The Feast

Medieval Times Dinner Service

Food service is quick, efficient and friendly

The Bill of Fare is standardized, so expect the same meal at any Castle you visit–tomato bisque, garlic bread, roasted chicken, spare rib, herb-crusted potato and a pastry for dessert. Vegetarian meals are available upon request. Servers are quite friendly and do an excellent job of timing their service to minimize the distraction from the show. In order to accomplish this, however, service is decidedly assembly-line in style. If you need something extra, such as extra napkins, expect to wait until your server’s next “pass” down the line. Pepsi, Diet Pepsi and water are available at no charge, while full bar service is provided for a fee.

The food is surprisingly good, both well-prepared and well-seasoned. Prepare yourself in advance, though–since eating utensils did not exist in the Middle Ages, all food is eaten by hand. Everything is prepared in a manner that makes this easy. For example, the soup is served in a metal bowl with a long handle. Hot, wet towels are provided at the conclusion of the meal.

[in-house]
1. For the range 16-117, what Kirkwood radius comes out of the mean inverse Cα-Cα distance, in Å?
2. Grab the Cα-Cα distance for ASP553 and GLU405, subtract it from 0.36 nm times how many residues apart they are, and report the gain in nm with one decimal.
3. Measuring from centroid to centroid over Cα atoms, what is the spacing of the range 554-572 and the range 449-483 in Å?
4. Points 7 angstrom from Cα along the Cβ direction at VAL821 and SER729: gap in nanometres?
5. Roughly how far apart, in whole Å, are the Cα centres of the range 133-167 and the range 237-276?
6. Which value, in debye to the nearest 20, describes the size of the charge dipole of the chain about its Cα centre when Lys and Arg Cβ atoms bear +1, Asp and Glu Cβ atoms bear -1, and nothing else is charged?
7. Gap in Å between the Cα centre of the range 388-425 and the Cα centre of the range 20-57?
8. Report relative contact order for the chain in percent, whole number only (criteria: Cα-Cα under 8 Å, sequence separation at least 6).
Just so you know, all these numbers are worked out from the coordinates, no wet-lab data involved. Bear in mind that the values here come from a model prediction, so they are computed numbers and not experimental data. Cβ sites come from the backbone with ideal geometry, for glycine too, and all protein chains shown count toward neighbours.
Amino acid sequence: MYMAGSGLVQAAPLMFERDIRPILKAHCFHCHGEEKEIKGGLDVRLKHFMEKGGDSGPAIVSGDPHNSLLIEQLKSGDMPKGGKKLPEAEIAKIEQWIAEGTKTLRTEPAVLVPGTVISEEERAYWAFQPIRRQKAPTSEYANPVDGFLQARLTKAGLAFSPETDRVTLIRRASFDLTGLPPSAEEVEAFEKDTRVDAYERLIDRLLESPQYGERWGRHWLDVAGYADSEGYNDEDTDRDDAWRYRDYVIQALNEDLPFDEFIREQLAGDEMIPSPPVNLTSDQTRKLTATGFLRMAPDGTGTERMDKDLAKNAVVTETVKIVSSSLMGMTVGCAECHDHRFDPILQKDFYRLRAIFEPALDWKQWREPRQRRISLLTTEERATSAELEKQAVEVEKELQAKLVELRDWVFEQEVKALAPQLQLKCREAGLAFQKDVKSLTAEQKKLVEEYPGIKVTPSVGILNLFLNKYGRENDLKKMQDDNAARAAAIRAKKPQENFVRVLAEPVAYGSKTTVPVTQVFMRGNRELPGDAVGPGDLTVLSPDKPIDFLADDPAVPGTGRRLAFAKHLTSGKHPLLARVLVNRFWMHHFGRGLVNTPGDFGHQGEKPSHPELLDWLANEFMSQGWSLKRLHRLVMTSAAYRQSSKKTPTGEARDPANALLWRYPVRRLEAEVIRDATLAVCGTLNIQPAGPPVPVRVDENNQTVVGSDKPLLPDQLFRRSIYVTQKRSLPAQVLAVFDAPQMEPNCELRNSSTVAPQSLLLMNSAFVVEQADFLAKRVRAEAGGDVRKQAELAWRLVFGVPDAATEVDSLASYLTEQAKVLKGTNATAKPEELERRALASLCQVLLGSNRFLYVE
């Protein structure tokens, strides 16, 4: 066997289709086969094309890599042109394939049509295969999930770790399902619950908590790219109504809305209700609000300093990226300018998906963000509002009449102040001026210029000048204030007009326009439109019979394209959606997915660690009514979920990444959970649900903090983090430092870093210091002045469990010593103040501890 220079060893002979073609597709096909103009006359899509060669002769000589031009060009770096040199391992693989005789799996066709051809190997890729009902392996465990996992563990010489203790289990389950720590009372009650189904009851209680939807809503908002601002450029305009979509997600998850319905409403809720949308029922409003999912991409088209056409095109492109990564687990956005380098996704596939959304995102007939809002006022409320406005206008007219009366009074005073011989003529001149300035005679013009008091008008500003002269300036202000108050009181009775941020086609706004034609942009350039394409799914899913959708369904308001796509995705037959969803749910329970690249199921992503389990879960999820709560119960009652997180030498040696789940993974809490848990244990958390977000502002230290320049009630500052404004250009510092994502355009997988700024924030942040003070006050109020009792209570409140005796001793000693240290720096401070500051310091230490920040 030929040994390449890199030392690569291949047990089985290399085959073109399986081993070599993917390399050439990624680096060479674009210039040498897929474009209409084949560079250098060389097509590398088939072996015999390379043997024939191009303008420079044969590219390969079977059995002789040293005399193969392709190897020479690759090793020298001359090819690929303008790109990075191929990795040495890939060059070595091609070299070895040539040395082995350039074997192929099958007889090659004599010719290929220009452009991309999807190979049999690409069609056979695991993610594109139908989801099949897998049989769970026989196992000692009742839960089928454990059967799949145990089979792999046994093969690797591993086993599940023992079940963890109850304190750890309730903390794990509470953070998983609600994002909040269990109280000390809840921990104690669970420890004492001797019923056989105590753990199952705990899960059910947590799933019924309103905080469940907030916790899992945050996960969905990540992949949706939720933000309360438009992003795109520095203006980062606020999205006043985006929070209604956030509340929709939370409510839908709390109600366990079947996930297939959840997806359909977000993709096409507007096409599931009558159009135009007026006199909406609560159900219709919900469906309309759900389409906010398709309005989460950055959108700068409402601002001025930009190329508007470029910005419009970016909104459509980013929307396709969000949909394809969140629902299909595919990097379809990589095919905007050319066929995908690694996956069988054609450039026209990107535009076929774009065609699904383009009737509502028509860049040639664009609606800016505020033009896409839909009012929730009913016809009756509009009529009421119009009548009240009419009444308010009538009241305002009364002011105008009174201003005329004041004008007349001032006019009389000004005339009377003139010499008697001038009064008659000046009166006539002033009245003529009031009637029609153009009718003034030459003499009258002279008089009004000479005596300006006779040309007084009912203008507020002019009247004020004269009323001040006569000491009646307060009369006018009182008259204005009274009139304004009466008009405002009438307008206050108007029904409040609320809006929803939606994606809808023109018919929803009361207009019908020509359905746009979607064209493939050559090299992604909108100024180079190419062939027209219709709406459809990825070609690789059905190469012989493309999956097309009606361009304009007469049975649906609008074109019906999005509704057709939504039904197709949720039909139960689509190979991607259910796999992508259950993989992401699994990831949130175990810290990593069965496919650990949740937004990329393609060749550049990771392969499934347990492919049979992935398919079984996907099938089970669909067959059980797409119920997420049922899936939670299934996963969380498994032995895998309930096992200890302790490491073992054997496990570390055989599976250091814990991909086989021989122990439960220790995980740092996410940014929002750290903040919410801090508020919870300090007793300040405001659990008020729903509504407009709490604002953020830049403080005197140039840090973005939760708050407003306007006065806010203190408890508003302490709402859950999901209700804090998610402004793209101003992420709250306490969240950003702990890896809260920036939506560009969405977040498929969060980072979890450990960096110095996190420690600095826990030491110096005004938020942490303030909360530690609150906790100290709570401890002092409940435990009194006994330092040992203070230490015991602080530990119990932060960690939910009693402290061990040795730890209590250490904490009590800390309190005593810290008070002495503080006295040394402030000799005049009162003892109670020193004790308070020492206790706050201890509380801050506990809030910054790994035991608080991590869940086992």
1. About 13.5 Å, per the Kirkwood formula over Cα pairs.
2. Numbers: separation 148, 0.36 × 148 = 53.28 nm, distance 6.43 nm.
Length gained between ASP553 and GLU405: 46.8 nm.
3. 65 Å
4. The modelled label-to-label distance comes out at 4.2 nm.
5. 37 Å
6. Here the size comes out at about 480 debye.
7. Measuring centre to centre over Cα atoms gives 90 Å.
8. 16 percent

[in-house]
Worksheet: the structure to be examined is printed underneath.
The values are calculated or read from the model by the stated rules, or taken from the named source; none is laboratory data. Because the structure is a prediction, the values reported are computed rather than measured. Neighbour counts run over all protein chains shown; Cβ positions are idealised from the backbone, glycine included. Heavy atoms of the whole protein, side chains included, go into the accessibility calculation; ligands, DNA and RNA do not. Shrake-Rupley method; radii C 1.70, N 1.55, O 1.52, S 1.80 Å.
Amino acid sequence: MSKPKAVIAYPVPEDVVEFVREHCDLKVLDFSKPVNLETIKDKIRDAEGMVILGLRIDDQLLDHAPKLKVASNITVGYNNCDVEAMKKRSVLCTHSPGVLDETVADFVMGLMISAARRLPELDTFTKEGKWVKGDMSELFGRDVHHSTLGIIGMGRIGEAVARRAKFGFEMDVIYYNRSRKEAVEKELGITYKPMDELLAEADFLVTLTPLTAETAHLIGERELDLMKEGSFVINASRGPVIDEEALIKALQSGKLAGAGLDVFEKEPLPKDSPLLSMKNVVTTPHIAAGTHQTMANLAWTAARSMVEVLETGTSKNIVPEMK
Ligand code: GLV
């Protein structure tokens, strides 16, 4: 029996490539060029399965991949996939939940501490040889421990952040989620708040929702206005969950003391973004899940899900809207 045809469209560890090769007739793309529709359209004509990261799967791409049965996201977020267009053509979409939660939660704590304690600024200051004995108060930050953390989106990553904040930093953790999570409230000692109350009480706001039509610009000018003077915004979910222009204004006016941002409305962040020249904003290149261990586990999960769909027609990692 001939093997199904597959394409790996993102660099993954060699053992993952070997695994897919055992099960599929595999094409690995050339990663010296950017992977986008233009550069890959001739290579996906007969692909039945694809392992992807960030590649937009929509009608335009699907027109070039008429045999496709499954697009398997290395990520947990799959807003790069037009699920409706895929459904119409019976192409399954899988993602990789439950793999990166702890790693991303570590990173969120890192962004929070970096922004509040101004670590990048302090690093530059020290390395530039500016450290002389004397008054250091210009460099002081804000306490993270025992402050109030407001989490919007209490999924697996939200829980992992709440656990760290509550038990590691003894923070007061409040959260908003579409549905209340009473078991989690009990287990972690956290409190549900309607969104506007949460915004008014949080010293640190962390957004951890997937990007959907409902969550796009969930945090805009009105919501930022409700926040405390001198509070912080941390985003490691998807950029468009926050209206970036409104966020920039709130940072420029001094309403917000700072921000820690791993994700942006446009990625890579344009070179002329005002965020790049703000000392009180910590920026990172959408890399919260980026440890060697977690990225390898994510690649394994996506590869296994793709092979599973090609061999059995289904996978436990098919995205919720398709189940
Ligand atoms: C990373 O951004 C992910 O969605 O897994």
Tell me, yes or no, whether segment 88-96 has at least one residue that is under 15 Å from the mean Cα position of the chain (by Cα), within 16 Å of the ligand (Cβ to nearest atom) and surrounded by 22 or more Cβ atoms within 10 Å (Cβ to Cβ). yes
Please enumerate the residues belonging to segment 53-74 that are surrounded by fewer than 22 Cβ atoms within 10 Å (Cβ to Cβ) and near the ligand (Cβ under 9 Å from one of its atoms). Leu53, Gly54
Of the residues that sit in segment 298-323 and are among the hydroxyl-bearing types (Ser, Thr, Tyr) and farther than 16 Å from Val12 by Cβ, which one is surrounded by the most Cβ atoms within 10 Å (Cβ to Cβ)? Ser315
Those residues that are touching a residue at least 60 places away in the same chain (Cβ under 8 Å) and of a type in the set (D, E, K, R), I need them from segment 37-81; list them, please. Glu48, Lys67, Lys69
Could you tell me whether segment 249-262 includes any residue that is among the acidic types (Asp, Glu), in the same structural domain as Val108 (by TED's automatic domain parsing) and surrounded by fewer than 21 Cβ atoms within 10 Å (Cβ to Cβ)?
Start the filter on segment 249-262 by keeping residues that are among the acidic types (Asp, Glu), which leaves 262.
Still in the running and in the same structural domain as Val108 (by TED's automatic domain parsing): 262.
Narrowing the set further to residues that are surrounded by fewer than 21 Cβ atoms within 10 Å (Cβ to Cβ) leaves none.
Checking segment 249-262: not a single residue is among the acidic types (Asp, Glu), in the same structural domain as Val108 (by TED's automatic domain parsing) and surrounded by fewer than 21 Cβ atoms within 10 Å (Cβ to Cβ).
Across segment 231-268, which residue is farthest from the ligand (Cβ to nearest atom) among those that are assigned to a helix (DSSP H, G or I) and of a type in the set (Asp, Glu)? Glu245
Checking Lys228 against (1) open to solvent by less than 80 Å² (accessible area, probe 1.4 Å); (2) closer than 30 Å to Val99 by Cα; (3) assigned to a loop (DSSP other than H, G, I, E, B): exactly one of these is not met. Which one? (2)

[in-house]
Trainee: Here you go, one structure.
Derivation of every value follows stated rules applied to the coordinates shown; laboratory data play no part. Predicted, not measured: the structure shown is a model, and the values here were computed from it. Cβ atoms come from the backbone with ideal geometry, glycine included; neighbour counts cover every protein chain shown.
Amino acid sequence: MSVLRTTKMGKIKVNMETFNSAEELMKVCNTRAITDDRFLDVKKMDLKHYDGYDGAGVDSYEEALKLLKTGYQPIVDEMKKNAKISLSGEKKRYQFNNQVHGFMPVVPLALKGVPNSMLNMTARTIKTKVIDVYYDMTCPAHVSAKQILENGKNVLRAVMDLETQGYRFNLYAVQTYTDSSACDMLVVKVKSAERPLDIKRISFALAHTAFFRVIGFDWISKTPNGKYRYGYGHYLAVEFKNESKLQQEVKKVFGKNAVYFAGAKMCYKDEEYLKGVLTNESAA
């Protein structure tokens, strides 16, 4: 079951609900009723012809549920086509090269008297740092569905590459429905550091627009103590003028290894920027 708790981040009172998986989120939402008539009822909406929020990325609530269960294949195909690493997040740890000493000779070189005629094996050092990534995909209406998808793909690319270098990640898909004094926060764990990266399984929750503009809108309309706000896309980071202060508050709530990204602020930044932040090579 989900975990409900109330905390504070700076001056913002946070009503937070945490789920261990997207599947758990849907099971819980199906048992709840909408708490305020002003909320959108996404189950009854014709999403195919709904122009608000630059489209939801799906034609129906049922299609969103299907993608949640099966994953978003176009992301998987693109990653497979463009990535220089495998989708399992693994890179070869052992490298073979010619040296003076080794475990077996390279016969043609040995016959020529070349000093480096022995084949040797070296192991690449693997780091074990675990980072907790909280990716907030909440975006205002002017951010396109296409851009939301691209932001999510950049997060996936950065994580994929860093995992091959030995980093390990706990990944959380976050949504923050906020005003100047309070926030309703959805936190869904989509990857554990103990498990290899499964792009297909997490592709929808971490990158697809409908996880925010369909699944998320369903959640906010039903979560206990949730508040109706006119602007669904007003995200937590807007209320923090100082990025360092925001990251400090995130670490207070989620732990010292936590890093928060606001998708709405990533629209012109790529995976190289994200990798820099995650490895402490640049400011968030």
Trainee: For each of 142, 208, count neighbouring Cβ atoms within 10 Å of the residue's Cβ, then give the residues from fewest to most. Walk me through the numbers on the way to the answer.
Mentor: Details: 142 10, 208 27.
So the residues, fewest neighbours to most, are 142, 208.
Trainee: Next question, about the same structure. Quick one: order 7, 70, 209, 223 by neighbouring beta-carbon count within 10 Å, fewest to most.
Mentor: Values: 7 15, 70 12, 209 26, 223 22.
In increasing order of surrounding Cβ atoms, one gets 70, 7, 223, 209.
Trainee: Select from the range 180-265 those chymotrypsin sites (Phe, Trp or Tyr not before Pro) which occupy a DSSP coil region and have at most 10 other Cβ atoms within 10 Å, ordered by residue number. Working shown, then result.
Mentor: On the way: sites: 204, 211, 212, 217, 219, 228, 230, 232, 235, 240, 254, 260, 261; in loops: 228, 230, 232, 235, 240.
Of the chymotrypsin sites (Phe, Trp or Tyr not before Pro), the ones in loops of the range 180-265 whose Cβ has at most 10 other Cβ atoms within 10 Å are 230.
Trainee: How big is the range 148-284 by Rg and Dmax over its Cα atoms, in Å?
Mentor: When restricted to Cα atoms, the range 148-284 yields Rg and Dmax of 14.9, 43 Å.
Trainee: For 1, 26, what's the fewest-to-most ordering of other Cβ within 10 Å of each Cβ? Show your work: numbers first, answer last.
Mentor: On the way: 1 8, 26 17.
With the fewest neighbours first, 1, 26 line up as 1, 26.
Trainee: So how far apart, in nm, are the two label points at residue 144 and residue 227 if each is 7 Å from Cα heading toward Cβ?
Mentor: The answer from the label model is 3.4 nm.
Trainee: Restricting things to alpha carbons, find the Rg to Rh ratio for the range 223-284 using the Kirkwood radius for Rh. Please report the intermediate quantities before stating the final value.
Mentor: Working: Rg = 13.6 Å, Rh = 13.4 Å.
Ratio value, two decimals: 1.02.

The Show

Medieval Times Dancing Horses

Dancing horses are among the evening's entertainment

The main event is, of course, the tournament. Featuring knights on horseback, a master falconer, jousting and other feats of skill the entire show is overlaid with a love story that you will not soon forget. Your seating section represents the knight for whom you will cheer, and good-natured back-and-forth banter with other sections is highly encouraged. The performers feed on the attention, so be sure to cheer and scream loudly for your chosen knight.

Medieval Times Knight Jousting

A safety screen is lowered before the joust. Make sure you change your camera settings!